By contrast, 67% of JSE Top40 CFOs were internal hires. There may be several explanations for this disparity, for example boards may give greater priority to CFO succession, and there may be too few HR executives inside organisations with the necessary breadth of experience to step up to the business partner role.
external/internal appointments by sector
The average tenure of JSE Top40 CHROs is 4.1 years. The chart below shows both the mean and median tenure of CHROs by industry.
JSE Top40 CHROs have spent the vast majority of their careers in HR generalist roles.
chro career backgrounds
Generalist HR roles
One JSE Top40 CHRO sits on the main board and five other CHROs sit as non-executive directors on outside boards.
Challenges facing HR leaders in South Africa
As we highlighted in our article on ‘The changing role of the CHRO’, the HR leader is seen today as a strategic partner to the CEO and the CFO. In his book Talent Wins, Dominic Barton, McKinsey’s former managing director, refers to this group of three executives at the top of an organisation as the “G3”. They play distinct yet independent roles and bring complementary value to the organisation. The CEO defines the vision and leads the development and implementation of strategy; the CHRO articulates and drives the people agenda, responsible for the scarcest of capital – talent; and the CFO manages the business’s financial resources and investments.
“My colleagues need to understand ‘people capital’ as well as they understand financial capital. Too few senior executives are prepared for the burden for leading, managing and engaging with people, having those difficult conversations.”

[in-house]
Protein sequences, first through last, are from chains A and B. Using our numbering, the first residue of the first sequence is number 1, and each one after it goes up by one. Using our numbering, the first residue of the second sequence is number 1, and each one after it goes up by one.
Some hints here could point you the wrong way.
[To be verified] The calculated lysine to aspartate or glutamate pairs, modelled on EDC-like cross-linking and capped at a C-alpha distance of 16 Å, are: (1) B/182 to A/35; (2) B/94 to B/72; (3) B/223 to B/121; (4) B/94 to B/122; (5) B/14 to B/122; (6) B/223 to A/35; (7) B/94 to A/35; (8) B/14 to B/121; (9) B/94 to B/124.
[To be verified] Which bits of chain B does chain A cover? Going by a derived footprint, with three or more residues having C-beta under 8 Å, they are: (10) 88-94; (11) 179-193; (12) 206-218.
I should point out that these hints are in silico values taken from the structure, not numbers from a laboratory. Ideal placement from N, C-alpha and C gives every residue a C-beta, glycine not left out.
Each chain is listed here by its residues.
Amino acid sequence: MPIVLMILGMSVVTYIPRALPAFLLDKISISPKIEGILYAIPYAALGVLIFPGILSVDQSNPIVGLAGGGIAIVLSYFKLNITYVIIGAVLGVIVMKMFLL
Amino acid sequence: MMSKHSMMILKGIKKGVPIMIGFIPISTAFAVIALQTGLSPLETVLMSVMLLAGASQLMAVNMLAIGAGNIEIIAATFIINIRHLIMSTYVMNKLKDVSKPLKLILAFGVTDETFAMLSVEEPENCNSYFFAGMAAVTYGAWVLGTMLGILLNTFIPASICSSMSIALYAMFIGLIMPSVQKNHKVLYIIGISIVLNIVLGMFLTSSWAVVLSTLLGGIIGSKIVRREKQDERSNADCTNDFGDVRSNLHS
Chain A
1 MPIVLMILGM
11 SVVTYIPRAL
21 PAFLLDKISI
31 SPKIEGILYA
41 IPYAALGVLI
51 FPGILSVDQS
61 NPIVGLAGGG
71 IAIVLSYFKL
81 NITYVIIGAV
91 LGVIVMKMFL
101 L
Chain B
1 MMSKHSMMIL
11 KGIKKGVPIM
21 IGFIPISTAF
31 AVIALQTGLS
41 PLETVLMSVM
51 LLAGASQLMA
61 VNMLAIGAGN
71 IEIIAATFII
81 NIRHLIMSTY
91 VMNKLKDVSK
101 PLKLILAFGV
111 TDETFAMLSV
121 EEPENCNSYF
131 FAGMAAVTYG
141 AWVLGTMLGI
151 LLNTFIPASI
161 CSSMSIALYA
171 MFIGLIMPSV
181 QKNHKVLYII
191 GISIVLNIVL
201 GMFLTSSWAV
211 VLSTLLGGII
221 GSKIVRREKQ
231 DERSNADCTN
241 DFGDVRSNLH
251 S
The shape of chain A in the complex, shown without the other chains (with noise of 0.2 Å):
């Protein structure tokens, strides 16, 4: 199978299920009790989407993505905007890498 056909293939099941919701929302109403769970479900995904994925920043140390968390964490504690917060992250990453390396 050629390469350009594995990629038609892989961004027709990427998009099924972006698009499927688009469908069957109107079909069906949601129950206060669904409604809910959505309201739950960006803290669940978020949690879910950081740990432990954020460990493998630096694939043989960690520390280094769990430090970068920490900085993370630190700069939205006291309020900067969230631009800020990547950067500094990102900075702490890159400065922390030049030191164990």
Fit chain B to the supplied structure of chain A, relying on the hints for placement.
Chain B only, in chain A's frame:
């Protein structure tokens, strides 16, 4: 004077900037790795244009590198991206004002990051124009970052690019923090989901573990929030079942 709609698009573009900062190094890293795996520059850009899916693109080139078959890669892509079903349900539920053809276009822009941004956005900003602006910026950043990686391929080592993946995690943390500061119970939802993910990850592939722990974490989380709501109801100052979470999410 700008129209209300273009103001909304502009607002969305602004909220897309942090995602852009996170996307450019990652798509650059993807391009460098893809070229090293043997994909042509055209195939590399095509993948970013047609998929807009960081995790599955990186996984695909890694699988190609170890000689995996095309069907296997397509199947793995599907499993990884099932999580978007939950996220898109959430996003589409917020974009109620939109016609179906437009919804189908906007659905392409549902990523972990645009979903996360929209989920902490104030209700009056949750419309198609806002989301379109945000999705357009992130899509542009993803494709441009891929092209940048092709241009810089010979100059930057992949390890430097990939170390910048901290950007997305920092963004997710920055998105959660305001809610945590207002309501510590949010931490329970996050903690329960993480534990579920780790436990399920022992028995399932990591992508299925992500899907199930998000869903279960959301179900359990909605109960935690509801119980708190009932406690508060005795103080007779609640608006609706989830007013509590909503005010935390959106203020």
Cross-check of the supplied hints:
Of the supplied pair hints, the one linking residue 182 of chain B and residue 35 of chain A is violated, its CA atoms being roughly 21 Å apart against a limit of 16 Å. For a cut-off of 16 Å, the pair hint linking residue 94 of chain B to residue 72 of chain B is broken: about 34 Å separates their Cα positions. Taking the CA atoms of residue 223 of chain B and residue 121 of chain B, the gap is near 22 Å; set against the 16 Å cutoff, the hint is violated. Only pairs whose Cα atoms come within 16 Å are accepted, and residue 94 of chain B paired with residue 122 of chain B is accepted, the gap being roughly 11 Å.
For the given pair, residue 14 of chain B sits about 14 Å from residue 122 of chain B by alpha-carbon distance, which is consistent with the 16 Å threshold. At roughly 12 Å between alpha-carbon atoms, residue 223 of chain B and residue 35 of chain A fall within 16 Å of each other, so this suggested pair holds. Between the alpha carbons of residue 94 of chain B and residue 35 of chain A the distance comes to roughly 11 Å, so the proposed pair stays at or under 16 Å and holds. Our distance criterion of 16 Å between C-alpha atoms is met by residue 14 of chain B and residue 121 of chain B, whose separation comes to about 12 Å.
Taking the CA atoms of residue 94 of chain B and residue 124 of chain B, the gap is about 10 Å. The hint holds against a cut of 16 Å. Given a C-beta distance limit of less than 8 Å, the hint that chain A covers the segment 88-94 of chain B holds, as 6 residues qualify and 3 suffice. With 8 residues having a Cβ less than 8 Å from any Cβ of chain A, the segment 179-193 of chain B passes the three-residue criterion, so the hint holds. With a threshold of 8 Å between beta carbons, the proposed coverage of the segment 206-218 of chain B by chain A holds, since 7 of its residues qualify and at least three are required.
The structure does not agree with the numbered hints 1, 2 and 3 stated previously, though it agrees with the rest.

As the human resources function has become more complex, so have the challenges faced by its leader. A number of factors are raising expectations and broadening the scope of the function, such as artificial intelligence; automation; changing workforce demographics; new ways of working; and the intensifying focus on talent.
In the most progressive organisations, the CHRO has evolved from that of a specialist overseeing a limited field of operations into a business partner, wielding more influence than ever before. A role that was once perceived as transactional and process-oriented is now far more strategic. “When I ask people why they want to study and work in HR,” says one CHRO, “the answer is always the same: ‘I like working with people.’ But HR is so much broader than that. Today it involves things like shared services, robotics and machine learning – all of these things are about having a direct impact on core business objectives.”
For today’s HR leader, there are new and exciting opportunities to create an impact on the business. New technologies are helping build an evidence base that supports a better understanding of employee engagement, motivation and working patterns – all of which has the potential to increase employee satisfaction and thereby raise efficiency and productivity.